If you are someone who does not like to drive after dark, then you are not alone because many people feel this way. One of the reasons for this is probably because you do not feel safe. This is completely justified since the National Safety Council states that the most dangerous time to drive is at night.
While this risk is the biggest concern when Daylight Savings Time ends and days get shorter, it is still something worth paying attention to for the rest of the year. Even though the majority of driving happens during the day, half of all accidents happen at night.
There are a couple of reasons why driving at night increases your safety risk. To begin with, the human eye does not do well in low light. Its design is not one meant for seeing in the darkness, so you automatically have impaired vision when driving after the sun goes down. You have a limited field of vision that can prevent you from seeing hazards early enough to avoid them.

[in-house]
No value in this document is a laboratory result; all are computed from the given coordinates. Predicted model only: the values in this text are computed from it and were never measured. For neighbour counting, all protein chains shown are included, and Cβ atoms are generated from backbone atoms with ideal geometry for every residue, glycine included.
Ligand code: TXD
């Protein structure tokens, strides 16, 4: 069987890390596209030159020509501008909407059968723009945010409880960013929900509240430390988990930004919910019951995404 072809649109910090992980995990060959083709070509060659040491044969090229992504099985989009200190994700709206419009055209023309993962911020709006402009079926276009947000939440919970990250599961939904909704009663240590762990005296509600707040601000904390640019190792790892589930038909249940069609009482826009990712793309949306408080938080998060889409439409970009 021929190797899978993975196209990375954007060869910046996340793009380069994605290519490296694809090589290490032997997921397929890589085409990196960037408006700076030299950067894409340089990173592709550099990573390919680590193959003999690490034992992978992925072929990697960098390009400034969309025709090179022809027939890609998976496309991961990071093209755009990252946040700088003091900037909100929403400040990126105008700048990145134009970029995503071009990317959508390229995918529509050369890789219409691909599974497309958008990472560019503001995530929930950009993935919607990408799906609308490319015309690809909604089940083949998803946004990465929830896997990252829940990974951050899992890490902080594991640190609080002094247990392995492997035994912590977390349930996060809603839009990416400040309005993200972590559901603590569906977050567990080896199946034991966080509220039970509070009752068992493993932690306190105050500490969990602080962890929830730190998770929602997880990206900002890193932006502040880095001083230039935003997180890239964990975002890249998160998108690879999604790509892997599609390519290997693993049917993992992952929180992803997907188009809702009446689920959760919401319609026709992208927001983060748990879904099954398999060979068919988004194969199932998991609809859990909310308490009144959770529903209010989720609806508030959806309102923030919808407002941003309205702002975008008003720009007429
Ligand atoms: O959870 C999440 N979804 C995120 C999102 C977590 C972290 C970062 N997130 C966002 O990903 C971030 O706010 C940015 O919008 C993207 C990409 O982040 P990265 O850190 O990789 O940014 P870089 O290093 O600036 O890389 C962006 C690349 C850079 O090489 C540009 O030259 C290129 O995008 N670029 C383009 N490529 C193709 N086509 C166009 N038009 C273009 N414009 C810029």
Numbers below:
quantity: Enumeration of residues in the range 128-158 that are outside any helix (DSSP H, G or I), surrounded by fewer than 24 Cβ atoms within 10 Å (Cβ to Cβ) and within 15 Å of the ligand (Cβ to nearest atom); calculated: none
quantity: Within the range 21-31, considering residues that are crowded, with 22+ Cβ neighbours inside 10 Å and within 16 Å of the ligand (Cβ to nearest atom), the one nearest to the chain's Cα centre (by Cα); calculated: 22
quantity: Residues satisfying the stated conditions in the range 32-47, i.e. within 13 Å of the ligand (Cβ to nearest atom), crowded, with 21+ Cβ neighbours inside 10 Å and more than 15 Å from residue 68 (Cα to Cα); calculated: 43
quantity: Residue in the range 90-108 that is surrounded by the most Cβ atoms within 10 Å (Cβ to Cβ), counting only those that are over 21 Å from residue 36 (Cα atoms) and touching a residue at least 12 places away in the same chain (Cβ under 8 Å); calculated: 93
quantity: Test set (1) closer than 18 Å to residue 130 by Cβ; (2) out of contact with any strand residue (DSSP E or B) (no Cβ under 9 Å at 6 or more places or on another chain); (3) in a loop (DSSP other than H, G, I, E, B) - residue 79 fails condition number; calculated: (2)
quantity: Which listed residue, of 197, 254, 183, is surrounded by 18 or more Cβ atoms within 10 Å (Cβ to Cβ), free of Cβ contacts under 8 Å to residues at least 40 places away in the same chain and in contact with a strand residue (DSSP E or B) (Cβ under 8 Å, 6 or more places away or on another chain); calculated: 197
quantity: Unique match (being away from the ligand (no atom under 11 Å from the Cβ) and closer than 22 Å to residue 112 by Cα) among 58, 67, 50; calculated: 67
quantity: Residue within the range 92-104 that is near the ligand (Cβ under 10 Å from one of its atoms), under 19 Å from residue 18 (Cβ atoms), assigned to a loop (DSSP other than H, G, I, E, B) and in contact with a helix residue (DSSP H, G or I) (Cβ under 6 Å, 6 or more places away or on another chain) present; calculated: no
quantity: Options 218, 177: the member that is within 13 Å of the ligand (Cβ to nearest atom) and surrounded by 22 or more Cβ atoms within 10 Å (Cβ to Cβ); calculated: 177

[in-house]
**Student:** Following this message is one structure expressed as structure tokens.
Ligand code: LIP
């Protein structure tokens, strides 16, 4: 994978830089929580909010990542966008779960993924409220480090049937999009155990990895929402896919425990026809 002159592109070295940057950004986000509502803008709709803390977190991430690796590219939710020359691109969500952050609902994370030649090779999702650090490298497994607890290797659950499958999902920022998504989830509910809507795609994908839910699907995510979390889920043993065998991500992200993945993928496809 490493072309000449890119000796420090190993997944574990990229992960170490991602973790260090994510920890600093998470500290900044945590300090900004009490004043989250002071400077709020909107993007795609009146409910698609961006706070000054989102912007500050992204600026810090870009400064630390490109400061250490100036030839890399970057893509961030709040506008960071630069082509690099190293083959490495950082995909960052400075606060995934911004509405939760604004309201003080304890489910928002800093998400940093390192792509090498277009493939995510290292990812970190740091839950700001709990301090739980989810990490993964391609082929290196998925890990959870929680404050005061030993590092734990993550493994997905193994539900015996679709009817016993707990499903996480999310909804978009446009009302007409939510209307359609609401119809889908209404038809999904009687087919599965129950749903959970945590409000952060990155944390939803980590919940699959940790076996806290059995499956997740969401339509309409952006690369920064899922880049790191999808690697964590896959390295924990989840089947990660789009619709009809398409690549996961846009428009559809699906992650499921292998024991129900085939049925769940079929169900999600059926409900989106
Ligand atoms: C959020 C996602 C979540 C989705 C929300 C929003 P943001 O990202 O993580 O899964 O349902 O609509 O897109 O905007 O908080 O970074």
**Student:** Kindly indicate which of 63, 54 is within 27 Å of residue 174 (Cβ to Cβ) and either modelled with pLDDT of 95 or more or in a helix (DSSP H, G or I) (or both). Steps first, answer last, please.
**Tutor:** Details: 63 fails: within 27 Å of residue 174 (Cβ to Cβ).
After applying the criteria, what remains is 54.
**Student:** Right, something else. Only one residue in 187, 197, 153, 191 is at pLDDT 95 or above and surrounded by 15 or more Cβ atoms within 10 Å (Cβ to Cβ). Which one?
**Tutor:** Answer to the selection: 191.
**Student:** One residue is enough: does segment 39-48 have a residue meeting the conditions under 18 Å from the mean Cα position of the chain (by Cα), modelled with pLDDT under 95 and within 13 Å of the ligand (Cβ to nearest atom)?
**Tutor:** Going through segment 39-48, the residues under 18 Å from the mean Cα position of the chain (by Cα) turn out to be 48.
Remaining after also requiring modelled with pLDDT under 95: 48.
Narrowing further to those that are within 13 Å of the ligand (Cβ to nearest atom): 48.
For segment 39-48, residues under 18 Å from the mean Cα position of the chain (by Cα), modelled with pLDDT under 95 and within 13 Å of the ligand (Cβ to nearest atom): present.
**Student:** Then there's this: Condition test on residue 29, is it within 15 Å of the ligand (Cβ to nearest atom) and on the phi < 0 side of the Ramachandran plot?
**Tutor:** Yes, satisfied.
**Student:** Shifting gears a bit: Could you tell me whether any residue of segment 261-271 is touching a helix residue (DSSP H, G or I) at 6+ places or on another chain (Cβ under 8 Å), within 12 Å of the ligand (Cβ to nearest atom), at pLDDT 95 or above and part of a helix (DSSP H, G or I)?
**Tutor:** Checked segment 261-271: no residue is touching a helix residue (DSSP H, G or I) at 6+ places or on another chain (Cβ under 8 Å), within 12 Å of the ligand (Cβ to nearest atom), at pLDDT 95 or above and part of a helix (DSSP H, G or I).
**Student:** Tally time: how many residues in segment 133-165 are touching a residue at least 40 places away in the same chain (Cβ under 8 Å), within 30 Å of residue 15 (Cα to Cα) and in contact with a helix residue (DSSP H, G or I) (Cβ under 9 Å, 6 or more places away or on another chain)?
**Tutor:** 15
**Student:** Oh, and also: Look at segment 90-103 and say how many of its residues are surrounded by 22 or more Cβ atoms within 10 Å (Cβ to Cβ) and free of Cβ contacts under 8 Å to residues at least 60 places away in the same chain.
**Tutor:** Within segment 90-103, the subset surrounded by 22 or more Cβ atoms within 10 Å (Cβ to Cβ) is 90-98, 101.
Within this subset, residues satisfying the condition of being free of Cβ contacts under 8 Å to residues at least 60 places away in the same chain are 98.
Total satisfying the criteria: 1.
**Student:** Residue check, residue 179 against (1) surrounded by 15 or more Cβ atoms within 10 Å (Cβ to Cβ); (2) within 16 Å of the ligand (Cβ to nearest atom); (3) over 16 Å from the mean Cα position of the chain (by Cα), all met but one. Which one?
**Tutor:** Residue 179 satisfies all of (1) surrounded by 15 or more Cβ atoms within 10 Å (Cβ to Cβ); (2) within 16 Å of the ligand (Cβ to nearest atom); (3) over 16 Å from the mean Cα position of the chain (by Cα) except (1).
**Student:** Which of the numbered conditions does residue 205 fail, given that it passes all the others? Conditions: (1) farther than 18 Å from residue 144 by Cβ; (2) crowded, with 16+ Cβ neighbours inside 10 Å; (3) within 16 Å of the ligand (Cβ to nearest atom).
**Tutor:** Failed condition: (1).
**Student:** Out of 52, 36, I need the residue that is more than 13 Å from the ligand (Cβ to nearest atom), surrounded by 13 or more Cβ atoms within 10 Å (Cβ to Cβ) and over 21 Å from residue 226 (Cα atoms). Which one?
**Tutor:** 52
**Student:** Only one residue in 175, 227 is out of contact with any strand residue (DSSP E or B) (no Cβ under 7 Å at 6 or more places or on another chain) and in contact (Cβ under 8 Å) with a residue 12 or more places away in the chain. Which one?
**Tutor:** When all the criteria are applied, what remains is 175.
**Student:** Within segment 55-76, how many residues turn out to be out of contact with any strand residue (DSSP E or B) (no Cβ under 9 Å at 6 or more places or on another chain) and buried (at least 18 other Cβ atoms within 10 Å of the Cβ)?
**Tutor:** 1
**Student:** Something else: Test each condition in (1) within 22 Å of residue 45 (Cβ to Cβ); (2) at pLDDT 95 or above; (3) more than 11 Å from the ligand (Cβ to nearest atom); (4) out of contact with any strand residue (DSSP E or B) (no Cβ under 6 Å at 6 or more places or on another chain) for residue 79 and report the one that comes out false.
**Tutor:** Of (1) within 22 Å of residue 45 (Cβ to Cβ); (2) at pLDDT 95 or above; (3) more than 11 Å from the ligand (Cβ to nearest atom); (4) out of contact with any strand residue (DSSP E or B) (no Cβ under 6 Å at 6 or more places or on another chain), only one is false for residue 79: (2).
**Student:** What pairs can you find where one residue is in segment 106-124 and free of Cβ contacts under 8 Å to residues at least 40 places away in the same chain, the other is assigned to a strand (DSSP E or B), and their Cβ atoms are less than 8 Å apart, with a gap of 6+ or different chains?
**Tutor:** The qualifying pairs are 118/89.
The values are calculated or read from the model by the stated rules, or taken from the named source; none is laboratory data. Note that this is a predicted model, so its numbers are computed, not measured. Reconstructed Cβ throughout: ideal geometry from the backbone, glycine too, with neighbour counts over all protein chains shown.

Another issue is fatigue. The dark hours of the day fall at night or in the early morning, which are both times when people often feel most tired. Fatigue by itself is a risk for a driver, so when you combine that with the vision limitations, it makes sense that driving at night is hazardous.
In addition to the main factors that play a role in making night driving dangerous, there is also an assumption you may make that could put you at a higher risk of a nighttime accident. It is important to recognize that driving in the dark makes even familiar roadways more dangerous. It is easy to think you know the road and therefore the risk is minor, but this is a false sense of security that could result in a car crash.